Tremor is an involuntary shaking movement that is
repeated over and over. Although it may affect any part of the body, tremor
most often affects the hands and head. Your voice may also shake. Sometimes
the feet or torso may also shake.
Essential tremor, which
sometimes runs in families, is one of the most common types of tremor. It is
shaking that is most noticeable when you are doing something like lifting a cup
or pointing at an object. The shaking does not occur when you are not moving.
Medicine can help reduce the shaking. Brain surgery can be helpful in some
Tremors can also be caused by conditions or medicines
that affect the nervous system, including
Parkinson's disease, liver failure, alcoholism,
mercury or arsenic poisoning, lithium, and certain antidepressants. Side
effects from other medicines can also cause tremors.
notice a tremor, observe it carefully and note what seems to make it better or
worse before calling your doctor. There are some differences between essential tremor and tremor caused by Parkinson's disease. If a cause is discovered, the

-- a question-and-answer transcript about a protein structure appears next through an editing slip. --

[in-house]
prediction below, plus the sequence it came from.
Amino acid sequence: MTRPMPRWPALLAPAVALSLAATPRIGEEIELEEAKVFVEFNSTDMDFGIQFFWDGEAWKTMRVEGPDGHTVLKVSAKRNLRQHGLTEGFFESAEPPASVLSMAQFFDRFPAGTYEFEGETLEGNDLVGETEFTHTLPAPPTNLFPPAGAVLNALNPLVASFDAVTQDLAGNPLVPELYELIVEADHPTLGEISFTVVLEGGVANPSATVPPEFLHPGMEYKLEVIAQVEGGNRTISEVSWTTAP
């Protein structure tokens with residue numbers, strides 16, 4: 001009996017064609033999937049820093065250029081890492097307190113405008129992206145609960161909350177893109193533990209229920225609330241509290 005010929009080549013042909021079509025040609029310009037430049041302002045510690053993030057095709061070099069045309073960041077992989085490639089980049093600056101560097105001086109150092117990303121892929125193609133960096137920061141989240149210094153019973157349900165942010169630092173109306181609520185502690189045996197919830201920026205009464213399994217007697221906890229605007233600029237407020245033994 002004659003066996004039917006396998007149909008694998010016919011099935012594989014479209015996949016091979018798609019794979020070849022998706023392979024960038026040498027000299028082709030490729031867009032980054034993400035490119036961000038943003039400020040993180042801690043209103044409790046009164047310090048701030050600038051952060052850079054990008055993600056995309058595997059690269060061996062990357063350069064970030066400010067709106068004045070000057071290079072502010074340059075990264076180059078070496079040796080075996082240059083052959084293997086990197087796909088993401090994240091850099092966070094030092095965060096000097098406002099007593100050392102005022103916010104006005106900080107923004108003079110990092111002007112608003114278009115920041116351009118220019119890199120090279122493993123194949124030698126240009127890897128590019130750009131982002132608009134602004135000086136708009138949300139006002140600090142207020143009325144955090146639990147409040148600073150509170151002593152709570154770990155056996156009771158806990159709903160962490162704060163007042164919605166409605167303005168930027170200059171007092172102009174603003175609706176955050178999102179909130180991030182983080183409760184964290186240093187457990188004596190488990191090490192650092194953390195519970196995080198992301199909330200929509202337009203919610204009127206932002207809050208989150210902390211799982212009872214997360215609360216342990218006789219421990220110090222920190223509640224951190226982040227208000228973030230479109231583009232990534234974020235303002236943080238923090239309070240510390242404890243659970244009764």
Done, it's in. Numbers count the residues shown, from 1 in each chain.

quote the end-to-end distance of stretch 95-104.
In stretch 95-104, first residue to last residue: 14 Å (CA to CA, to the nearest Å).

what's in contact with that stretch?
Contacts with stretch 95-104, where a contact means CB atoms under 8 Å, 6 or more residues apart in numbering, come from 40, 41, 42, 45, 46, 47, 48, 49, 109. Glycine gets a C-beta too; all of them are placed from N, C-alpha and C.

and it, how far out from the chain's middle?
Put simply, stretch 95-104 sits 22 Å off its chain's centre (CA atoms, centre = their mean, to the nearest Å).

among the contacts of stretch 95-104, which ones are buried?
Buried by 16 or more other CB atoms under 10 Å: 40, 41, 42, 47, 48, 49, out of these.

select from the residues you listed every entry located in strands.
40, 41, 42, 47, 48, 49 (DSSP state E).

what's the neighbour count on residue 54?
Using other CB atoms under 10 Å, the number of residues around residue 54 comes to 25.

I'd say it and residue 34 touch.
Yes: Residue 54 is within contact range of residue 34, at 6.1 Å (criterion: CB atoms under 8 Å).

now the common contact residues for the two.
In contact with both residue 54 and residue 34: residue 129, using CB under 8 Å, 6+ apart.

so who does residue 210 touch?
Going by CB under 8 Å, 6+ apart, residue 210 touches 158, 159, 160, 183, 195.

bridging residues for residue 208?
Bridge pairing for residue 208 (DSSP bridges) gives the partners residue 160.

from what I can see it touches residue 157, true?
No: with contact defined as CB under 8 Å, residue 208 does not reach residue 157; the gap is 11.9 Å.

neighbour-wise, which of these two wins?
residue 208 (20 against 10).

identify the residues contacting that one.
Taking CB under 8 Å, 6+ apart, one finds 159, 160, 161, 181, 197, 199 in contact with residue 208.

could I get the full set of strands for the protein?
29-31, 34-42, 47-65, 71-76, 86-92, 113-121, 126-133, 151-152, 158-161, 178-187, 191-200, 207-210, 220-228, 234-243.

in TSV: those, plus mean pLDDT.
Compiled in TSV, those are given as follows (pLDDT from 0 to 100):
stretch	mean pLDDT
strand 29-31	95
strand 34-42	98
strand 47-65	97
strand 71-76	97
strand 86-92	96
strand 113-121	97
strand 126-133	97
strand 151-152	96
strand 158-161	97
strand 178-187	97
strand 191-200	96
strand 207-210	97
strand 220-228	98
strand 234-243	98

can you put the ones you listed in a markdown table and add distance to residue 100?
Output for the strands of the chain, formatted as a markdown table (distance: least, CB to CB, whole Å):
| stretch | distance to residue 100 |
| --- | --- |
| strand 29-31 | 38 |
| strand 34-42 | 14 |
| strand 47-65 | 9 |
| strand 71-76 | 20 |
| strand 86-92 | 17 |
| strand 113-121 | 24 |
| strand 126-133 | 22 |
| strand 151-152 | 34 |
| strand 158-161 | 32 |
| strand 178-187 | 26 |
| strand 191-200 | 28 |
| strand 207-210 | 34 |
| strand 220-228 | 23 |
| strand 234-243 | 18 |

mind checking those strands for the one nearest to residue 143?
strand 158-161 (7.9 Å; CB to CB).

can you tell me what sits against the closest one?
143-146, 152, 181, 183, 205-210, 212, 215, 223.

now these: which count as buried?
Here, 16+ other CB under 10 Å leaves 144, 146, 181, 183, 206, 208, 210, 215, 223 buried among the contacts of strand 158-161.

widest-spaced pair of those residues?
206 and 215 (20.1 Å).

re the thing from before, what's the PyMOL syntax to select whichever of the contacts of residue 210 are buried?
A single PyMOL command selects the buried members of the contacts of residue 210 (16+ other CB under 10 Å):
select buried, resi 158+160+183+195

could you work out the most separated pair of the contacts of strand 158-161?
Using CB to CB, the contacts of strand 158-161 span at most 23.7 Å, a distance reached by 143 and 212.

disease will be treated rather than the tremor.
When to Call a Doctor
Call your doctor if:
You suddenly develop a
tremor or if an existing tremor becomes
Tremor interferes with your ability to do daily activities
or keeps you from taking part in social events.
You suspect that
tremor may be a side effect of a medicine.
Some tremors can be treated with medicine or surgery.
A tremor caused by Parkinson's disease may get better if your Parkinson's disease is treated.
Essential tremor is usually treated with medicine, such as:
Primidone (for example, Mysoline).
Propranolol (for example, Inderal).
Essential tremor that doesn't get better with medicine may be treated with surgery, such as:
How this information was developed to help you make better health decisions.